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From driving under the influence to reckless behaviour, Nicro helps road offenders change their ways

From driving under the influence to reckless behaviour, Nicro helps road offenders change their ways
Nicro personnel at the organisation‘s 113th birthday celebration in Cape Town on 6 September 2023. (Photo: Ziyanda Duba)

The National Institute for Crime Prevention and Reintegration of Offenders turned 113 this month. The organisation celebrated its award-winning programmes’ 97% success rate since 2021, helping 2,044 court referrals – offenders who learnt more about road offences and used the new knowledge to make the roads a safer place.

Over the years, the National Institute for Crime Prevention and Reintegration of Offenders (Nicro) has identified a concerning pattern in road offences in South Africa, including reckless driving, drunk driving, negligent driving and driving without a licence. 

Ten years ago, the organisation came up with an innovative programme to help curtail road offences.

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Nicro CEO Betzi Pierce. (Photo: Ziyanda Duba)

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Clinical unit coordinator Magda Reynolds at Nicro’s 113th birthday celebration in Cape Town on 6 September 2023. (Photo: Ziyanda Duba)

Nicro CEO Betzi Pierce and clinical unit coordinator Magda Reynolds recently celebrated the organisation’s 113 years of operating at their Cape Town offices. They reflected on Nicro’s impact on road offence prevention in the country through two of its programmes, “Shifting Gears” and “Choosing the High Road”.

Shifting Gears is a programme where road offenders are educated about road conditions after being referred to Nicro by the courts. The programme’s spinoff, Choosing The High Road, was founded in 2020 and aims to teach drivers about road offences to prevent them from occurring.

Shifting Gears has been around for the past 10 years and originated in the Cape Town office in partnership with social workers, law enforcement officers and the Department of Transport. 

“When an arrest has taken place, the referral comes from the court after the merits of the case have been considered. When there has been no arrest, private individuals or companies approach us for the preventative programme, ‘Choosing the High Road’.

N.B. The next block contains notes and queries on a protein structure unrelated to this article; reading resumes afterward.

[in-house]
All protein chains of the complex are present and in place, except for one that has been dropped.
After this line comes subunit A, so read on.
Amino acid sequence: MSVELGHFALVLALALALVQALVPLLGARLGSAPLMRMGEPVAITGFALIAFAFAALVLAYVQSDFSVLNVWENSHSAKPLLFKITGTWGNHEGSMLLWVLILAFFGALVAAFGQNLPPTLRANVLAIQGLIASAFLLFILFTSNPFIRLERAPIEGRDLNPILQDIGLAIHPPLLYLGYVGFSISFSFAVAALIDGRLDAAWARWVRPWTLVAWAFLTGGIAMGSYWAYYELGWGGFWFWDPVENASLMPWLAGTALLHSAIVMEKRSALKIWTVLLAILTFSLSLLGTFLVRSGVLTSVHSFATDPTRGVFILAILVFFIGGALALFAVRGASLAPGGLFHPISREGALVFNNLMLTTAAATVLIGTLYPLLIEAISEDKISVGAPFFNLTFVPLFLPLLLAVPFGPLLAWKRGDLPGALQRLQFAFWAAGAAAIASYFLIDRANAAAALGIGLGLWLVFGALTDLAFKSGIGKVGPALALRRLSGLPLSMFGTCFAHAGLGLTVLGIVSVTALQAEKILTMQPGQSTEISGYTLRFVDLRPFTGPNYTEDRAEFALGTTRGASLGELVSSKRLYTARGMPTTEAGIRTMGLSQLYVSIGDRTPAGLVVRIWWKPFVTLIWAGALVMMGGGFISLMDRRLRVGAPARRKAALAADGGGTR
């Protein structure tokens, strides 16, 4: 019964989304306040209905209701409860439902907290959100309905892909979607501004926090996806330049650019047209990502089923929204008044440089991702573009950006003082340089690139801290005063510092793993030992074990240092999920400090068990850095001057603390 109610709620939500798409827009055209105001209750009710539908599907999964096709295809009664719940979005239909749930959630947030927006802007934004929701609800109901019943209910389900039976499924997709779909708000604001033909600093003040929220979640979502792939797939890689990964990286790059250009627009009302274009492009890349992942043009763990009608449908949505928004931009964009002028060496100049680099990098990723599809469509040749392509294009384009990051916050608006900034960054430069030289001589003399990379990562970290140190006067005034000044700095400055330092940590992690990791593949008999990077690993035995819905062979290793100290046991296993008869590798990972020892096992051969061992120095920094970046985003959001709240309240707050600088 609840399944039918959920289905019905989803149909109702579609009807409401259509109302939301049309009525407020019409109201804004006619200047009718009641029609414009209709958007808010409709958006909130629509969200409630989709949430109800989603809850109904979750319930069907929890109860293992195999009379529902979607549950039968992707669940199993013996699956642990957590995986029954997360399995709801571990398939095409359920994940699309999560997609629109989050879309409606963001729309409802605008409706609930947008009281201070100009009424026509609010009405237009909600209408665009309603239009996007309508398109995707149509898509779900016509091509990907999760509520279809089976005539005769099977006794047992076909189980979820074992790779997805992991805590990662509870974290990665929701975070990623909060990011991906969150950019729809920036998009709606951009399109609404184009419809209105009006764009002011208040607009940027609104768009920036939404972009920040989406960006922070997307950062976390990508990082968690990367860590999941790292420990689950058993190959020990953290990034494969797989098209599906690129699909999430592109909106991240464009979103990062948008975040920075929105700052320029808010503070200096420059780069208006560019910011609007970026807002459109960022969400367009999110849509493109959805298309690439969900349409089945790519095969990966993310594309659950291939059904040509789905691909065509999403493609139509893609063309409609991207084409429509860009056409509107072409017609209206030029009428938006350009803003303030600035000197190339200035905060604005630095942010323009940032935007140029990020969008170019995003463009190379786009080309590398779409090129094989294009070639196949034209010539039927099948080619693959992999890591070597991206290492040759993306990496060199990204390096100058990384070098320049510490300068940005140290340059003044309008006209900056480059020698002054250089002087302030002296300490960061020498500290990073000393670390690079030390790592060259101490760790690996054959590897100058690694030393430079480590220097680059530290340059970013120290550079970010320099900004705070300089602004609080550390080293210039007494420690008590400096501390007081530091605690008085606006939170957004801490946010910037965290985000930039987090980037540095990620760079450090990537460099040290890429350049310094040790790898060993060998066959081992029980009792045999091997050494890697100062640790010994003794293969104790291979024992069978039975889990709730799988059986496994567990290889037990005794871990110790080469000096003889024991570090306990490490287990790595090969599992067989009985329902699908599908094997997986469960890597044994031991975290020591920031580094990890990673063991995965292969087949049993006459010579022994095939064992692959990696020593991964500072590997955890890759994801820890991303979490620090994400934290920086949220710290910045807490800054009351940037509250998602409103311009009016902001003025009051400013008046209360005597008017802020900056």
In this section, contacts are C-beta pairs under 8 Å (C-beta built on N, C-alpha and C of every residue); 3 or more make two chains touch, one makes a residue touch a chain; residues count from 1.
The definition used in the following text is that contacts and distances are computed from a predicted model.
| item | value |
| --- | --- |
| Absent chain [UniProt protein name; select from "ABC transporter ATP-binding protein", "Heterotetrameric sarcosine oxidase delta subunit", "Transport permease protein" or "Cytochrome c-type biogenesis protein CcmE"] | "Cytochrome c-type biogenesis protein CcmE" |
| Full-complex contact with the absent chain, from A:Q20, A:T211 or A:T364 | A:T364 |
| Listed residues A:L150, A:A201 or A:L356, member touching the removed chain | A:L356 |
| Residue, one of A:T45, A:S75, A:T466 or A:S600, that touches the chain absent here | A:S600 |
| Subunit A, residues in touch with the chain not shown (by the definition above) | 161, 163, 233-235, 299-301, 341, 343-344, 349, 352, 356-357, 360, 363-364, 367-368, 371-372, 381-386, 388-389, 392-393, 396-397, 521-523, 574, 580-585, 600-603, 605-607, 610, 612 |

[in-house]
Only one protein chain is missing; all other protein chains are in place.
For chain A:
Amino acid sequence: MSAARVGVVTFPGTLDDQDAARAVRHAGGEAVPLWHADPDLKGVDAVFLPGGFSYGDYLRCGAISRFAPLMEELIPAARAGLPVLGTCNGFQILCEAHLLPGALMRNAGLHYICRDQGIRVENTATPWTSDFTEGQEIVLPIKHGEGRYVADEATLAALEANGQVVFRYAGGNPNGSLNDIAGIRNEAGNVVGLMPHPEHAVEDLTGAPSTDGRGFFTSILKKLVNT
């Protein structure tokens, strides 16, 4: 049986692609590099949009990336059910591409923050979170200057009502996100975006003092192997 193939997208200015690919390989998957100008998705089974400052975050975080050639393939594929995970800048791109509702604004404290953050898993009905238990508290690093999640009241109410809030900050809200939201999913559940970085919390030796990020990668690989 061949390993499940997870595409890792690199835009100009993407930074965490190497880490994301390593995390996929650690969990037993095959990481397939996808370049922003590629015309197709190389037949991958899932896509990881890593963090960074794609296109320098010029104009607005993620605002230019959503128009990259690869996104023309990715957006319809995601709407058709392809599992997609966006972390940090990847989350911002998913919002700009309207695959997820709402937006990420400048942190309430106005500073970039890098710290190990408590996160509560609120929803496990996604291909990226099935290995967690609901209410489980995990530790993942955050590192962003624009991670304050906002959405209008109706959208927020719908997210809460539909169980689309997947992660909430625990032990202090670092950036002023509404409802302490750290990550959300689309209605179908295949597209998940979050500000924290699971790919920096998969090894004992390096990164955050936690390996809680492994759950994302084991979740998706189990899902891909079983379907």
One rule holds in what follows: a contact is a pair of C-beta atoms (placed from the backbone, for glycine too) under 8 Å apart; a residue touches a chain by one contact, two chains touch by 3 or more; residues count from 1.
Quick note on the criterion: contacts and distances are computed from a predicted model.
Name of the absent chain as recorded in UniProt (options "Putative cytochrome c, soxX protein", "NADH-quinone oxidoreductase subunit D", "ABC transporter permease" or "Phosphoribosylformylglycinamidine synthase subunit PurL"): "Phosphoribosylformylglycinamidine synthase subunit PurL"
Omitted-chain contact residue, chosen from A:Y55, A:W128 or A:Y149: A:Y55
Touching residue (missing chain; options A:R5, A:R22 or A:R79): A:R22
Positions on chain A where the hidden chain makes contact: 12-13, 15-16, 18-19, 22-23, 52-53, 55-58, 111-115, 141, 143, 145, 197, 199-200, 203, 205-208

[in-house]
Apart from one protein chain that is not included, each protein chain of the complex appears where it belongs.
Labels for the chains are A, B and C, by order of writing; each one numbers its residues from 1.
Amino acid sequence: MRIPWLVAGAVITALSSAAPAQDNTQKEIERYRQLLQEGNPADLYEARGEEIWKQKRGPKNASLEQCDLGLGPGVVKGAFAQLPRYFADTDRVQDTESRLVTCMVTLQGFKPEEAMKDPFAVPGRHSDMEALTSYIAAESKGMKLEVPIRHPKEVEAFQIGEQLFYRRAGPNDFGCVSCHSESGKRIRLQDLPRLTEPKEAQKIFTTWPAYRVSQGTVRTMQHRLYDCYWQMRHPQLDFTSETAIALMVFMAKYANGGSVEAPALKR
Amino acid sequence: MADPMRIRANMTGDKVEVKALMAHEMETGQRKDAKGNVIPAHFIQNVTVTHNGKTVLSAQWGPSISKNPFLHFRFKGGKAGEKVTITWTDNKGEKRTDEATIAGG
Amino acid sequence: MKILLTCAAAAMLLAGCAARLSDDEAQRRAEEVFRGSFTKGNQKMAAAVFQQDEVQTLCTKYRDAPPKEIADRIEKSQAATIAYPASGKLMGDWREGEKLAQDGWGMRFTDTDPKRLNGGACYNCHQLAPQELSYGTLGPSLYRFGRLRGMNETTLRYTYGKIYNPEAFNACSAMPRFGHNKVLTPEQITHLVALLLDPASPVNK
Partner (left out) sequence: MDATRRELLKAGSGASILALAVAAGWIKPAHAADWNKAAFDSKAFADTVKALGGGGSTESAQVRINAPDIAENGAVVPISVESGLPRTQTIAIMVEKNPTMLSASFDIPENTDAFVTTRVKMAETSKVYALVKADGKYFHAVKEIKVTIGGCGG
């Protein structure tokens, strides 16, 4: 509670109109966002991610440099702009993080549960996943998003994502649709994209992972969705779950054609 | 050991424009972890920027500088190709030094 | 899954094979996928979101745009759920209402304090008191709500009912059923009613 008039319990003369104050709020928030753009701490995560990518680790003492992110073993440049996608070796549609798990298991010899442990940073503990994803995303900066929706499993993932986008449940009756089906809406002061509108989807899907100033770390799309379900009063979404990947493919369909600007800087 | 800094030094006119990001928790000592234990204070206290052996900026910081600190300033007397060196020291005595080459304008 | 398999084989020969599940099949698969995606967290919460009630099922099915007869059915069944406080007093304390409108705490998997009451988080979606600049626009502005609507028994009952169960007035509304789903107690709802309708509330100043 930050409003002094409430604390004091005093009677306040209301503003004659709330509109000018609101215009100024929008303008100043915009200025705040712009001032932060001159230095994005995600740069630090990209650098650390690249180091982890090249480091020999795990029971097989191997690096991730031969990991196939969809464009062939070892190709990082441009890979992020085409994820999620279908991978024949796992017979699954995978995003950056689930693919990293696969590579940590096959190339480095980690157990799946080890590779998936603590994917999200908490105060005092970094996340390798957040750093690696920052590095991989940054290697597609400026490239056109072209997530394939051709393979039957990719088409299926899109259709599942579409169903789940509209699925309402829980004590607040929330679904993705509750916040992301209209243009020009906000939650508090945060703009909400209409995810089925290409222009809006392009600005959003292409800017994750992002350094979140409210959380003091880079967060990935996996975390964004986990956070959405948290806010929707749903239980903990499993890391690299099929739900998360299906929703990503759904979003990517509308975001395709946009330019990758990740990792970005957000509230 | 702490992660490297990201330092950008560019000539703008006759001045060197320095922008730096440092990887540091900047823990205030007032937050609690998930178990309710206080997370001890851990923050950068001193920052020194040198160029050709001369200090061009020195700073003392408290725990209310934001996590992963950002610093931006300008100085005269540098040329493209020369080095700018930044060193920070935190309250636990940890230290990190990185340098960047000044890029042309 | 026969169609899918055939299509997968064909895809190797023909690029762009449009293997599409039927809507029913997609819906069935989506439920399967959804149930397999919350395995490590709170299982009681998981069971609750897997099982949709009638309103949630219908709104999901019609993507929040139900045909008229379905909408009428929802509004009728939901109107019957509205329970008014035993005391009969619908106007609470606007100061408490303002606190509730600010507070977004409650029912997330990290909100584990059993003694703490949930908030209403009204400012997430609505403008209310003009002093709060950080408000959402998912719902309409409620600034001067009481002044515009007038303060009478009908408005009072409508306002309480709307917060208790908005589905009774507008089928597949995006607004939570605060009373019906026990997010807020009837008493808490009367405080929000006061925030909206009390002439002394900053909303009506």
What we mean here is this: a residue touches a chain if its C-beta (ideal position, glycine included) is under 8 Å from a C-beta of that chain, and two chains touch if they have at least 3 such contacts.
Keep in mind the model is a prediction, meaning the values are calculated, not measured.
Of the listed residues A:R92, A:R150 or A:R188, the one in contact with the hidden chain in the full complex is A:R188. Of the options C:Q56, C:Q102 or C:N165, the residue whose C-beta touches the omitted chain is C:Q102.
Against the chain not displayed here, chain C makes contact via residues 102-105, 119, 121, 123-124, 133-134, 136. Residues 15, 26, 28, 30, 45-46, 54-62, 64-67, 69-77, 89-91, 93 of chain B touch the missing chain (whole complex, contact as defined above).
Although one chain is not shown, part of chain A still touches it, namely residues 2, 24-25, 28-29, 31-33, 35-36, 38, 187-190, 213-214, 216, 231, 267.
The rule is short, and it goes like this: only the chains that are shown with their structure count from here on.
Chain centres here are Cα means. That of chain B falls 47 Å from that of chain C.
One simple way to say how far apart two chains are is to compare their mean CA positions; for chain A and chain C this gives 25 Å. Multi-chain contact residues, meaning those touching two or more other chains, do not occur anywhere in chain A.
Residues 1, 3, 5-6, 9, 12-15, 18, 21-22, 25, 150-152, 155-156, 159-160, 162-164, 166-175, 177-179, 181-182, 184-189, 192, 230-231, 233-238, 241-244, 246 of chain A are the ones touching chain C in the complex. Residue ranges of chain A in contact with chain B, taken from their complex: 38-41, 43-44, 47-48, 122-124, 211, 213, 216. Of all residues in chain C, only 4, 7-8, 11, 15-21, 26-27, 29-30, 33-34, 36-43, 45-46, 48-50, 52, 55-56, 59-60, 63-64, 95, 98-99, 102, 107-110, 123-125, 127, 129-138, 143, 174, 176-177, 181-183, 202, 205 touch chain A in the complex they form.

“We ran this last year with some high schoolers as well in preparation for them getting their licences,” said Reynolds.

Due to their success, the Nicro team was invited to Germany in June this year to present the Shifting Gears programme at the German Crime Intervention Congress.

“Germany was looking for papers on innovative programmes, so we wrote to them about both our traffic programmes, ‘Shifting Gears’, which is the one where we do treatment after the fact of committing the crime, and ‘Choosing the High Road’, which is the preventative programme,” said Pierce.

Nicro also won an award from SA Breweries for its innovative programmes.

“If you look around, nobody else has a programme, and this one is so successful… because of the success of ‘Shifting Gears’, ‘Choosing the High Road’ was formed and SAB also asked for that, so we sent in a paper on what we had done and what it is about,” said Pierce. 

“We were one of five organisations in South Africa that got an award for ‘Best Innovative Programme’, and we got some money for it and free business coaching, which all contributes towards Nicro’s further development.”


Nicro social workers and law enforcement officers attend the organisation‘s 113th birthday celebration in Cape Town on 6 September 2023. (Photo: Ziyanda Duba)

“SAB came to Nicro and said that they have such a big problem with drunk driving especially, and there was a lot of carnage on the road because of that. They wanted a programme because they could not seem to stop the problem, so they wanted people to understand the seriousness of the offence,” said Pierce.

After implementing the programme, the team did a review and found it had been a success.

“It was 97% successful only because the other 3% of the participants either did not complete or did not comply or they committed another offence, but not one of the others committed another road offence. 

“The 97% showed complete behavioural changes in that they would not drive after they have had a drink… not even one drink. There were also changes in their family lives as well as their work environment, which was a huge spinoff of the programme,” said Pierce.

Understanding the costs

A participant in Nicro’s Shifting Gears programme wrote to the organisation and its donors to thank them for helping them unlearn bad habits and realise the severity of driving while under the influence of alcohol. The letter reads:

“Dear Nicro funder and donor, as a delegate I ask that you: Go on, increase your funding for the ‘Shifting Gears’ Nicro programme. It changes lives. Yes, know that the ‘Shifting Gears’ Nicro programme delivers and with your support behind this programme it has the potential to deliver impact at scale.